A Chinese musician has put a new spin on Irish music by playing some of Ireland's favorite trad songs on traditional Chinese instruments. 

Chinese national Jaylin Chu has always had an interest in Irish music but found it very difficult to get his hands on any Irish instruments while living in Beijing. 

Chu was not to be deterred, however, and he began exploring alternatives to overcome this particular roadblock. 

Chu, who studied Irish music at the University of Limerick for a year in 2019, began experimenting with Chinese wind instruments such as the dizi, hulusi, xiao, and soon discovered his niche. 

He was surprised by how natural Irish music sounded when he played a few "jigs and reels" on the hulusi and uploaded it onto social media, where it has taken off over the past few months. 

His performance of the "Bucks of Oranmore" was picked up by the Dust-to-Digital Twitter page - a music research account with more than 200,000 followers - and his video has generated more than 340,000 views and 16,000 likes. 

Jaylin Chu is a musician from eastern China. In 2019, he moved to Limerick, Ireland to study Irish music. Here he is earlier this month performing “Bucks of Oranmore” on the Chinese instrument, the Hulusi. pic.twitter.com/Ci6bWgQ6JX

— Dust-to-Digital (@dusttodigital) January 31, 2021

"It surprised me that so many people liked to watch me playing Irish music on the hulusi," Chu told IrishCentral. "Most of the viewers were Irish or Irish music lovers, but many of them hadn’t listened to much Irish music before at all.

"I’m very happy that I might promote both Irish culture and Chinese culture to new people. The two cultures I love the most in the world."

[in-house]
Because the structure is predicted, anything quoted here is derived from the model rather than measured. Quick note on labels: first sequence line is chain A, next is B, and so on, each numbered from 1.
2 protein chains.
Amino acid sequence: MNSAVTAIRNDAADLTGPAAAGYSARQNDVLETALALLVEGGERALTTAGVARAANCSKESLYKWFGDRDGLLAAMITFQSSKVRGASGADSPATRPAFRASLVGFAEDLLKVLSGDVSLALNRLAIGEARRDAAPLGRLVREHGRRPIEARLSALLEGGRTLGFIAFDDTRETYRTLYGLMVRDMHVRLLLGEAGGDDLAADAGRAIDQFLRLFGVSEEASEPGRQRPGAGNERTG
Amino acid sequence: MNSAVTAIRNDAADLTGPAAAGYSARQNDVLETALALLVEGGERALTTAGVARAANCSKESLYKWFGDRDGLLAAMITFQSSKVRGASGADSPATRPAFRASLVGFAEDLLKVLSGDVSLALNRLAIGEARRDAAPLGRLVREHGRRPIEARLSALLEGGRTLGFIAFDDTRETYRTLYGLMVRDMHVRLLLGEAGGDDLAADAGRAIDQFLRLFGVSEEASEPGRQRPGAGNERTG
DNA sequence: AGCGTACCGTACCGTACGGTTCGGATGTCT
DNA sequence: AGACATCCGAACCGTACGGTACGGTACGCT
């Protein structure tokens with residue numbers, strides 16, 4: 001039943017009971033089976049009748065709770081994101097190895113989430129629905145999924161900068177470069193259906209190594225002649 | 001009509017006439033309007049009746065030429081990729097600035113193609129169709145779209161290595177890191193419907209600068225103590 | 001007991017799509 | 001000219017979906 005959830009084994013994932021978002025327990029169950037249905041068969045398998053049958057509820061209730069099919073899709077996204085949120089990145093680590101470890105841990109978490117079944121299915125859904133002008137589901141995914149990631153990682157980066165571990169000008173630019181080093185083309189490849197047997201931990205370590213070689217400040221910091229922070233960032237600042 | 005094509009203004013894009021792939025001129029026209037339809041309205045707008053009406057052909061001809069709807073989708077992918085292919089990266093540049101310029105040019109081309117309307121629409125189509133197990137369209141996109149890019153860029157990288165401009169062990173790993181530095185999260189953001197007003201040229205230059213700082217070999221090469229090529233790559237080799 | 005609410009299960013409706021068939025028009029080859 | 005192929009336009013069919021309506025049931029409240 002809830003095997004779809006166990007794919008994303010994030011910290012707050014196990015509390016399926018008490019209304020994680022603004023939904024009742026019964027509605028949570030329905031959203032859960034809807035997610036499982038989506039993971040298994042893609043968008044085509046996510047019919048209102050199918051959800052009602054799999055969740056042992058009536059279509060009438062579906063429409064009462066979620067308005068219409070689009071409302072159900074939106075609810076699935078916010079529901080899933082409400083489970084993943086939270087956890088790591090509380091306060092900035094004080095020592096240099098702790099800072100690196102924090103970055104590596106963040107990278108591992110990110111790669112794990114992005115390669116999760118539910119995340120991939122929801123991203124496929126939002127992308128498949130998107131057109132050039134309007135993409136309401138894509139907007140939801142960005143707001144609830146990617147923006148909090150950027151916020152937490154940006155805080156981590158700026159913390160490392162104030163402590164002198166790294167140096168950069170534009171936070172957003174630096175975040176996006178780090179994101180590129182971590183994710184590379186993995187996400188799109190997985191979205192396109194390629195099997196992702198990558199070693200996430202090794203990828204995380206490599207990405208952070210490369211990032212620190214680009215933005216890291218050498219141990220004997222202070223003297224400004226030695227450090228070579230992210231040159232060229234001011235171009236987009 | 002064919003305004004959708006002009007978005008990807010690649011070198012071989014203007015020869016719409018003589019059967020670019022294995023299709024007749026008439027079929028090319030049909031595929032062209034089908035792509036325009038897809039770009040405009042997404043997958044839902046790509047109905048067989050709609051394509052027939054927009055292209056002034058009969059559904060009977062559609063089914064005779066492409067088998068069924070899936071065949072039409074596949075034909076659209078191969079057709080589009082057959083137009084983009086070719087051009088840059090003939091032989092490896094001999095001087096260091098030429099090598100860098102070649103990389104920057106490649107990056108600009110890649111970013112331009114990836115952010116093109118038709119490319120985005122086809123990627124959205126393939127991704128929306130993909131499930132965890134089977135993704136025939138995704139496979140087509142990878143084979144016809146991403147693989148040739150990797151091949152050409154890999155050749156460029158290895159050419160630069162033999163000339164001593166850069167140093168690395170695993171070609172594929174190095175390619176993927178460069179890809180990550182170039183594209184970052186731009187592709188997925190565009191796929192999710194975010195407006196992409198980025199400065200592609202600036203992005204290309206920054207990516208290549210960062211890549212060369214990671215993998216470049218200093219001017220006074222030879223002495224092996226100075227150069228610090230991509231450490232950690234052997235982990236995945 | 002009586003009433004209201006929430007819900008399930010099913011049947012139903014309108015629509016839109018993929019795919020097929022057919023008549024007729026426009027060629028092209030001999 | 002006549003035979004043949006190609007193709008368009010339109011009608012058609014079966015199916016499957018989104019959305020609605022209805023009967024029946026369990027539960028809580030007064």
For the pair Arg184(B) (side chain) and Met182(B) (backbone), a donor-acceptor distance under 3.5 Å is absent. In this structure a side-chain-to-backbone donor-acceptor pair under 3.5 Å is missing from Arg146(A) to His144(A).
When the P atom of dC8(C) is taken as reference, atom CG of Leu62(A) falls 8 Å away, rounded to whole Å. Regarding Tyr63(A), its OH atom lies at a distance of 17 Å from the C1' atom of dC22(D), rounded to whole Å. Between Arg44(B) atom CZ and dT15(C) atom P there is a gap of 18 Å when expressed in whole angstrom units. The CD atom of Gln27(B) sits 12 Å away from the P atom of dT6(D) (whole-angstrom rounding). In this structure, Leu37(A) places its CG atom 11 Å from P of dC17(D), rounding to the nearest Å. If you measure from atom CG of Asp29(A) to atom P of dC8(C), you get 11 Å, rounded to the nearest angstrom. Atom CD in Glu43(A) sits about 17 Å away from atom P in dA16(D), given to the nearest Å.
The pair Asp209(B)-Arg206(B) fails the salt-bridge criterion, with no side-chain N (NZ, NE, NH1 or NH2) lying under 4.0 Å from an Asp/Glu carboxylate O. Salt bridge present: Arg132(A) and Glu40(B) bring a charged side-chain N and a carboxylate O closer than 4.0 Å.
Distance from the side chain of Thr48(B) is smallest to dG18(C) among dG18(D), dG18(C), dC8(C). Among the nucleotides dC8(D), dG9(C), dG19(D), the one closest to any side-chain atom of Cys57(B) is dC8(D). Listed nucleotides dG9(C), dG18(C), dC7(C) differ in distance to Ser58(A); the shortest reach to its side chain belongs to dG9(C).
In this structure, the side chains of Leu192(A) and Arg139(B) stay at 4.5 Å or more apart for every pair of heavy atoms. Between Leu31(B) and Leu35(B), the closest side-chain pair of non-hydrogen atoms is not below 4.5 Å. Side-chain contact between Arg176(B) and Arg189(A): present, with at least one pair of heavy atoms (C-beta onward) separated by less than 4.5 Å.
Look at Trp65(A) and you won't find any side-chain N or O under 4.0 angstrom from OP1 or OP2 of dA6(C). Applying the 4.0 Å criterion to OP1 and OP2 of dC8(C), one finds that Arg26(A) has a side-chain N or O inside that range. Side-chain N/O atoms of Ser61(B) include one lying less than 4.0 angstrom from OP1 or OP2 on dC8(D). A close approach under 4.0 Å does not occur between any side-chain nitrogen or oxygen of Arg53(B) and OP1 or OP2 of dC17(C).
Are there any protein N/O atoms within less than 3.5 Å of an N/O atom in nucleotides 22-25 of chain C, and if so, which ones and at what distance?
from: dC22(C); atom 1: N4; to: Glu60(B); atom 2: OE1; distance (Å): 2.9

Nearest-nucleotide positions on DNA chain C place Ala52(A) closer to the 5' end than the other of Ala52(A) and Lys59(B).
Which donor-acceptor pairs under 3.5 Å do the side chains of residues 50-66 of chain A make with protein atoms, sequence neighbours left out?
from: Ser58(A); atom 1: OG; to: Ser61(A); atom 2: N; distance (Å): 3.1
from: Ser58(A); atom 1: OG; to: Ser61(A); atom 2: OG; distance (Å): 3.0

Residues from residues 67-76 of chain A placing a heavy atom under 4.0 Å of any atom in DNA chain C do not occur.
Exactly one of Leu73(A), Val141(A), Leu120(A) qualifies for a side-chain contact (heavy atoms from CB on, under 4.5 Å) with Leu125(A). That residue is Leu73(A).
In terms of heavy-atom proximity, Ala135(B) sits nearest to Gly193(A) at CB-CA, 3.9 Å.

Chu explained that the "Bucks of Oranmore" is one of his favorite Irish songs to perform on the hulusi as it brings back fond memories of his time in the town of Oranmore in 2019. 

"I spent Christmas in Oranmore with a friend's family. I miss this experience very much." Chu said. "On Christmas morning, I went swimming in the bay of Oranmore with local people. It's a local tradition. I feel like a real buck of Oranmore now." 

Chu explained that it is not always easy to adapt traditional Irish music to Chinese instruments and said that he carefully selects instruments that suit the personality of the song that he is performing. He also said that Irish music differs slightly from Chinese music in terms of tone. 

Whereas traditional Chinese music tends to be very sad or very happy, Chu found that traditional Irish music is a cacophony of differing emotions. He observed that sad songs had happy elements and happy songs had sad elements, forcing him to select the Chinese instruments that best reflected these conflicting emotions. 

Chu fell in love with Irish music after seeing a performance of Riverdance and he is currently learning traditional Irish music on the flute and tin whistle, while he also plans to continue recording music on the hulusi. He said that he will teach Irish music through Chinese as part of his career and hopes to promote Irish music in China with his videos. 

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